With long service, a sergeant's promotion to chief sergeant is automatic. Typically being a platoon second-in-command, the holder of this rank is therefore equivalent to a commonwealth sergeant or a US "sergeant first class". The next rank up is adjutant.
In modern-day usage within the German Bundeswehr the rank of sergeant is known as Unteroffizier, historically it was the German army rank of corporal. The rank has existed since the 18th century, with usage as a title dating back to the Middle Ages. The ranks of the Unteroffiziere (NCOs) are divided into two categories, the Unteroffiziere ohne Portepee making up the cadre of junior non-commissioned officers and the Unteroffiziere mit Portepee making up the cadre of senior non-commissioned officers. The duties of a sergeant Unteroffizier can vary greatly with its rank: In a typical Bundeswehr company, the Unteroffizier ohne Portepee (OR-5) are only leading one Zugtrupp (squad) whereas the position of Zugführer (platoon leader) are held by a higher ranked NCOs (typically Hauptfeldwebel OR-7) with according training. The platoon's "second in command", is usually held by a "Feldwebel / Oberfeldwebel" (OR-6).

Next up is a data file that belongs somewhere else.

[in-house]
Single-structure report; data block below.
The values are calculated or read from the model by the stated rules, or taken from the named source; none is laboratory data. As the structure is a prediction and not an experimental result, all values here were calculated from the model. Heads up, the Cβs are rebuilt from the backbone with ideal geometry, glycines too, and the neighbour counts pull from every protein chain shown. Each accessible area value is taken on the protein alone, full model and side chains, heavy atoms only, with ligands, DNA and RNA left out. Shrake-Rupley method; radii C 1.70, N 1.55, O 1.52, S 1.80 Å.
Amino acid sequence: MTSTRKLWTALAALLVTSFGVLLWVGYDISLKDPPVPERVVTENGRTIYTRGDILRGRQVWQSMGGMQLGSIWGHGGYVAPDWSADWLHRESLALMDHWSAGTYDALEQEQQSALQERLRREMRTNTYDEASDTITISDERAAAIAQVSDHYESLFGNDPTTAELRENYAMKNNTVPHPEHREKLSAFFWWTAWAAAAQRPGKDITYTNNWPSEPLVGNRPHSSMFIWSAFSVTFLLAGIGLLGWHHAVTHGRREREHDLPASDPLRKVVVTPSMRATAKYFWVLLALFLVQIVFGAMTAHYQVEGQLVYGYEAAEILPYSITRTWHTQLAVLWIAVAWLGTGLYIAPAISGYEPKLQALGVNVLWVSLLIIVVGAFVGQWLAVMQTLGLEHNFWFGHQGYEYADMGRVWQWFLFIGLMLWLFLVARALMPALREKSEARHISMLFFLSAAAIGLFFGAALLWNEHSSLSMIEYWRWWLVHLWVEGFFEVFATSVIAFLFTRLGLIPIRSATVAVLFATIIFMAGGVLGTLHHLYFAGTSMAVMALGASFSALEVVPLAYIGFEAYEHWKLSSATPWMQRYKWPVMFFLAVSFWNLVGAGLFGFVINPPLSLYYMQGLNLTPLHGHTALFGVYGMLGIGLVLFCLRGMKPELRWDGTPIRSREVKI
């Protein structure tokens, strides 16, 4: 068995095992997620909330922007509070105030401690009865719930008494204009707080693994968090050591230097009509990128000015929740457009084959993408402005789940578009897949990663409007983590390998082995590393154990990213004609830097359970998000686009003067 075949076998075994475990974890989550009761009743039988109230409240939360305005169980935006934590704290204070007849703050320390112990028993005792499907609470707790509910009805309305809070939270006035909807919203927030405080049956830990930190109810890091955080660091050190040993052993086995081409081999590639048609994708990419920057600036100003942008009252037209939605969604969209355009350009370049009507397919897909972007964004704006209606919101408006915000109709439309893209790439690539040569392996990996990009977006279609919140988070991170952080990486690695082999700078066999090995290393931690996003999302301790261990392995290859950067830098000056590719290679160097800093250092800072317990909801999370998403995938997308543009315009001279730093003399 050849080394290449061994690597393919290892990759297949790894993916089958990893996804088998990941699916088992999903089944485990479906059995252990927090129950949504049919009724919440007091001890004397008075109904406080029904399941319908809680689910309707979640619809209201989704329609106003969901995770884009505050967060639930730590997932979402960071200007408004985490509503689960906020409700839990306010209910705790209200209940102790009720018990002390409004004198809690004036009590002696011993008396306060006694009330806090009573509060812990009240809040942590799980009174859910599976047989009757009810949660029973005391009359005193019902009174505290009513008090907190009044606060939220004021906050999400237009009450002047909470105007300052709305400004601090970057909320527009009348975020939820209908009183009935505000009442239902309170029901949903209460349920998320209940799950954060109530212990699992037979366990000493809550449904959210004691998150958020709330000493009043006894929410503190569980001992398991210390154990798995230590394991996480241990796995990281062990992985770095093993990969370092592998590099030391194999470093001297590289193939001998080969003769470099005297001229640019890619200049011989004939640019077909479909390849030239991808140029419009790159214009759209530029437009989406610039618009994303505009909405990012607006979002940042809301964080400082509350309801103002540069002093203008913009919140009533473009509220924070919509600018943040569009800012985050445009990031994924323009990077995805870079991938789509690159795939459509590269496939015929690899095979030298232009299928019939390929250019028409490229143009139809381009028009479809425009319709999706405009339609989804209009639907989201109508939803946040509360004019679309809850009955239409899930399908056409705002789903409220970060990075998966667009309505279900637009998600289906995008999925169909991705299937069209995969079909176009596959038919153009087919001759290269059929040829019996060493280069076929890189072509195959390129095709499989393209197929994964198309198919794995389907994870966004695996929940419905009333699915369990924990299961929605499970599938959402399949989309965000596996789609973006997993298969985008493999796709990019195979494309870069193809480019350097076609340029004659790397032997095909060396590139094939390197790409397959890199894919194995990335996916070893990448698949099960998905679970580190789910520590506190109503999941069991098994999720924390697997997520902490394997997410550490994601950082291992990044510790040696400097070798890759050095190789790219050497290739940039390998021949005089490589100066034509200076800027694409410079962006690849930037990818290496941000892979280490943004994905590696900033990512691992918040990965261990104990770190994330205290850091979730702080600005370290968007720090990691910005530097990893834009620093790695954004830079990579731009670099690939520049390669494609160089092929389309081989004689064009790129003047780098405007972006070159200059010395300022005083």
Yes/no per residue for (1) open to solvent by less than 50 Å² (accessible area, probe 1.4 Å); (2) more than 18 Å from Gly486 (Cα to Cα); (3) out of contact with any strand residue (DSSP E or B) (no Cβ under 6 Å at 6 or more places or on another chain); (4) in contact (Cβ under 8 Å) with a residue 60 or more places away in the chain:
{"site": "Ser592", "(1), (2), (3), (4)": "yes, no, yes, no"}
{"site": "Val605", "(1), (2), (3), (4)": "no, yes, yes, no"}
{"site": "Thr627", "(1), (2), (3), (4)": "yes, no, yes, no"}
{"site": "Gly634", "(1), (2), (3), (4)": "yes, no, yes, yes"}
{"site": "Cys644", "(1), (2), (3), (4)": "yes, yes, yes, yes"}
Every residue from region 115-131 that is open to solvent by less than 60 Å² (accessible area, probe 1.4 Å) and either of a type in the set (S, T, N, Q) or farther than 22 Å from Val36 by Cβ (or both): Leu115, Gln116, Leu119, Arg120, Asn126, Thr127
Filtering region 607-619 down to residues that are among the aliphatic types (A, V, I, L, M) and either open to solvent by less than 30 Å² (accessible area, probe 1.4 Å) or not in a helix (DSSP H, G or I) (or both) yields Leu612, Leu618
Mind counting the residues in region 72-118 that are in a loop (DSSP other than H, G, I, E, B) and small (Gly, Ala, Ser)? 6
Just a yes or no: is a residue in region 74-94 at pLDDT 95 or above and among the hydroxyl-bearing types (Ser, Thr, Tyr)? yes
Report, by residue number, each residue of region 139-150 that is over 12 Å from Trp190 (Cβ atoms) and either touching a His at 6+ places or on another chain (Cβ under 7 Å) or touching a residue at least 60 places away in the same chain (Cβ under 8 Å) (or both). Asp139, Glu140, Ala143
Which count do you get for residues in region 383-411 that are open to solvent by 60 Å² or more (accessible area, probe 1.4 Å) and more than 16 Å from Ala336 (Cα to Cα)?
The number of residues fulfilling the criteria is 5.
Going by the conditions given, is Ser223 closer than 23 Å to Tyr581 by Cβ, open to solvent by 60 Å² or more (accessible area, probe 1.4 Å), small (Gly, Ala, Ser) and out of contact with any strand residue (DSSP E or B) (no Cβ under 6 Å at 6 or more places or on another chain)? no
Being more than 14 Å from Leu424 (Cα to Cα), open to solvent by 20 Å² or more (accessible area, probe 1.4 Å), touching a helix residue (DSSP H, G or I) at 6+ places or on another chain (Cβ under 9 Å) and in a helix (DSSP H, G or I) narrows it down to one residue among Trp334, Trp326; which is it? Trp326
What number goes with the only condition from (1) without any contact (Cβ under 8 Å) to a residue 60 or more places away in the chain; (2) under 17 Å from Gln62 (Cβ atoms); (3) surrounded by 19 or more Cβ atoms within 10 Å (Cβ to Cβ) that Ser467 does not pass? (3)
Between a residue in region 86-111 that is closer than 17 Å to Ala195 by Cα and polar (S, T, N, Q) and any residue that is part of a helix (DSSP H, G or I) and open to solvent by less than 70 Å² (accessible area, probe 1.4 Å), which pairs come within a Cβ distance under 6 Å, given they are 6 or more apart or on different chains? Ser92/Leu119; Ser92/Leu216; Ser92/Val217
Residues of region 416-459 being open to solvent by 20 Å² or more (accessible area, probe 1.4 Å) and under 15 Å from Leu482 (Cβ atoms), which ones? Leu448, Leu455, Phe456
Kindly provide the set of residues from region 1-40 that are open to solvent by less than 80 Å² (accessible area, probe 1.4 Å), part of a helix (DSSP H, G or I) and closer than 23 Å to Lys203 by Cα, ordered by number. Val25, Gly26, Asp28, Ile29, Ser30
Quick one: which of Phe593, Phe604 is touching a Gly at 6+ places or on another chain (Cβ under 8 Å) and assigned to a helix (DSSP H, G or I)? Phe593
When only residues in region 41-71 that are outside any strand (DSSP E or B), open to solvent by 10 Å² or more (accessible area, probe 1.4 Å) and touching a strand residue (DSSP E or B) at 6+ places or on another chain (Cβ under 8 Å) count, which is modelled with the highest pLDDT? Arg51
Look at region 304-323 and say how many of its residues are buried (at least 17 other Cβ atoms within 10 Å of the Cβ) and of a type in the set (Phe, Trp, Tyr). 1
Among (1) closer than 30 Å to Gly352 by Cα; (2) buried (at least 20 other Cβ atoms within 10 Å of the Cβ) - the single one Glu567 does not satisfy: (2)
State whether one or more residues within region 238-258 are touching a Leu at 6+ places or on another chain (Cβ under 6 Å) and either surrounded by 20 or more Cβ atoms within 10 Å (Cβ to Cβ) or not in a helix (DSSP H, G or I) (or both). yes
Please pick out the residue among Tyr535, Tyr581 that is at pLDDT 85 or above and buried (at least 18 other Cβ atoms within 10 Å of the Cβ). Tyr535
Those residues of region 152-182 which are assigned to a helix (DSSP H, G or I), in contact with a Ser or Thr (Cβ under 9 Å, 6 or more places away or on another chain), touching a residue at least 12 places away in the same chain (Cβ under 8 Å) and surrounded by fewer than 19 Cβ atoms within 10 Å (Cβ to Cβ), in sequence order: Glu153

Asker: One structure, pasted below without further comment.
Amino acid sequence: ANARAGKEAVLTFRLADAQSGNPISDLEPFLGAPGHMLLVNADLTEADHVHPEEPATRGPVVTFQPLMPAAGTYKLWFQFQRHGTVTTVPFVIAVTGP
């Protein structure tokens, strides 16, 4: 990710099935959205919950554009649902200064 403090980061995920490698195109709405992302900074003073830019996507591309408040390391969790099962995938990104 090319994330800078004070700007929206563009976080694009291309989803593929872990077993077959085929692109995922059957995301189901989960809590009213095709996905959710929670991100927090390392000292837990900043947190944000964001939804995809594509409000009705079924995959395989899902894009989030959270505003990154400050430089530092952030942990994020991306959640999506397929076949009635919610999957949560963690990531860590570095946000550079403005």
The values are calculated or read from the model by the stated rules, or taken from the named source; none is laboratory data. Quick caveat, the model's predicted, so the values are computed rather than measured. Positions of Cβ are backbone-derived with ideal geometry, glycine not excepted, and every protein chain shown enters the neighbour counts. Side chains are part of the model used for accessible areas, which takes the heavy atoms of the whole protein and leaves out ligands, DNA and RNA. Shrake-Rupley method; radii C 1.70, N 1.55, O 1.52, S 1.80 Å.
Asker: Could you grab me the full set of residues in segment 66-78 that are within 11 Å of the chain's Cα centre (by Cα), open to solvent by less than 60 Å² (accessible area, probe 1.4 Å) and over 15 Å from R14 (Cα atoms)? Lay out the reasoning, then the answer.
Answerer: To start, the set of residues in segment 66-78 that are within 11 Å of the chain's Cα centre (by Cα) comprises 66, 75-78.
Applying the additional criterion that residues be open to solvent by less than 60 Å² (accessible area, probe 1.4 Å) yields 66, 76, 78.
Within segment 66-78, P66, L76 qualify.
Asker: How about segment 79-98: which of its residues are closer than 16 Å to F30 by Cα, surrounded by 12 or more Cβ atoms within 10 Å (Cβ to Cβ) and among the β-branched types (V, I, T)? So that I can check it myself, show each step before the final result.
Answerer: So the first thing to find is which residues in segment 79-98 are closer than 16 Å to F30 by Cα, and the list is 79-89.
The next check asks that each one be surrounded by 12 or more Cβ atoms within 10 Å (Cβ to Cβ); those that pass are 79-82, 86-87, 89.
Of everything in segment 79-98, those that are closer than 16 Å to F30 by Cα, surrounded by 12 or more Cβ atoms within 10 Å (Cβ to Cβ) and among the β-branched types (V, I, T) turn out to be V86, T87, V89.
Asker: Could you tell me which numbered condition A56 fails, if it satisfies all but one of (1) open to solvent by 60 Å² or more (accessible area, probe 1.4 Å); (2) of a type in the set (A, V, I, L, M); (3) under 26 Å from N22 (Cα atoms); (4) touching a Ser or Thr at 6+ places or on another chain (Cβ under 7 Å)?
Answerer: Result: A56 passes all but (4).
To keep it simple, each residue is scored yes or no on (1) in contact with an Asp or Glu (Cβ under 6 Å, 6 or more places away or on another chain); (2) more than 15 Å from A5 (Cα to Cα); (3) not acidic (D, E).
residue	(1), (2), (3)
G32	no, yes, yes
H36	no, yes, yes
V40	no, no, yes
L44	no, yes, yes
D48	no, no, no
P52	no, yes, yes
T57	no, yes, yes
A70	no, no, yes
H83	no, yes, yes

The German Army rank order is: Unteroffizier OR-5, Fahnenjunker OR-5, Stabsunteroffizier OR-5, Feldwebel OR-6, Fähnrich OR-6, Oberfeldwebel OR-6, Hauptfeldwebel OR-7, Oberfähnrich OR-7, Stabsfeldwebel OR-8 and Oberstabsfeldwebel OR-9.
Maat is a naval rank of the German navy equivalent to the army rank of Unteroffizier. A Maat is considered the equivalent of a junior petty officer in the navies of many other nations.
The term is derived from the low German māt (comrade). Via the Dutch language, the word became a nautical term and described the assistant to a deck officer. Since the second half of the 17th century Maate were the lowest class of non-commissioned officers aboard a warship.
The German Navy rank order is: Maat OR-5, Seekadett OR-5, Obermaat OR-5, Bootsmann OR-6, Fähnrich OR-6, Oberbootsmann OR-6, Hauptbootsmann OR-7, Oberfähnrich OR-7, Stabsbootsmann OR-8 and Oberstabsbootsmann OR-9.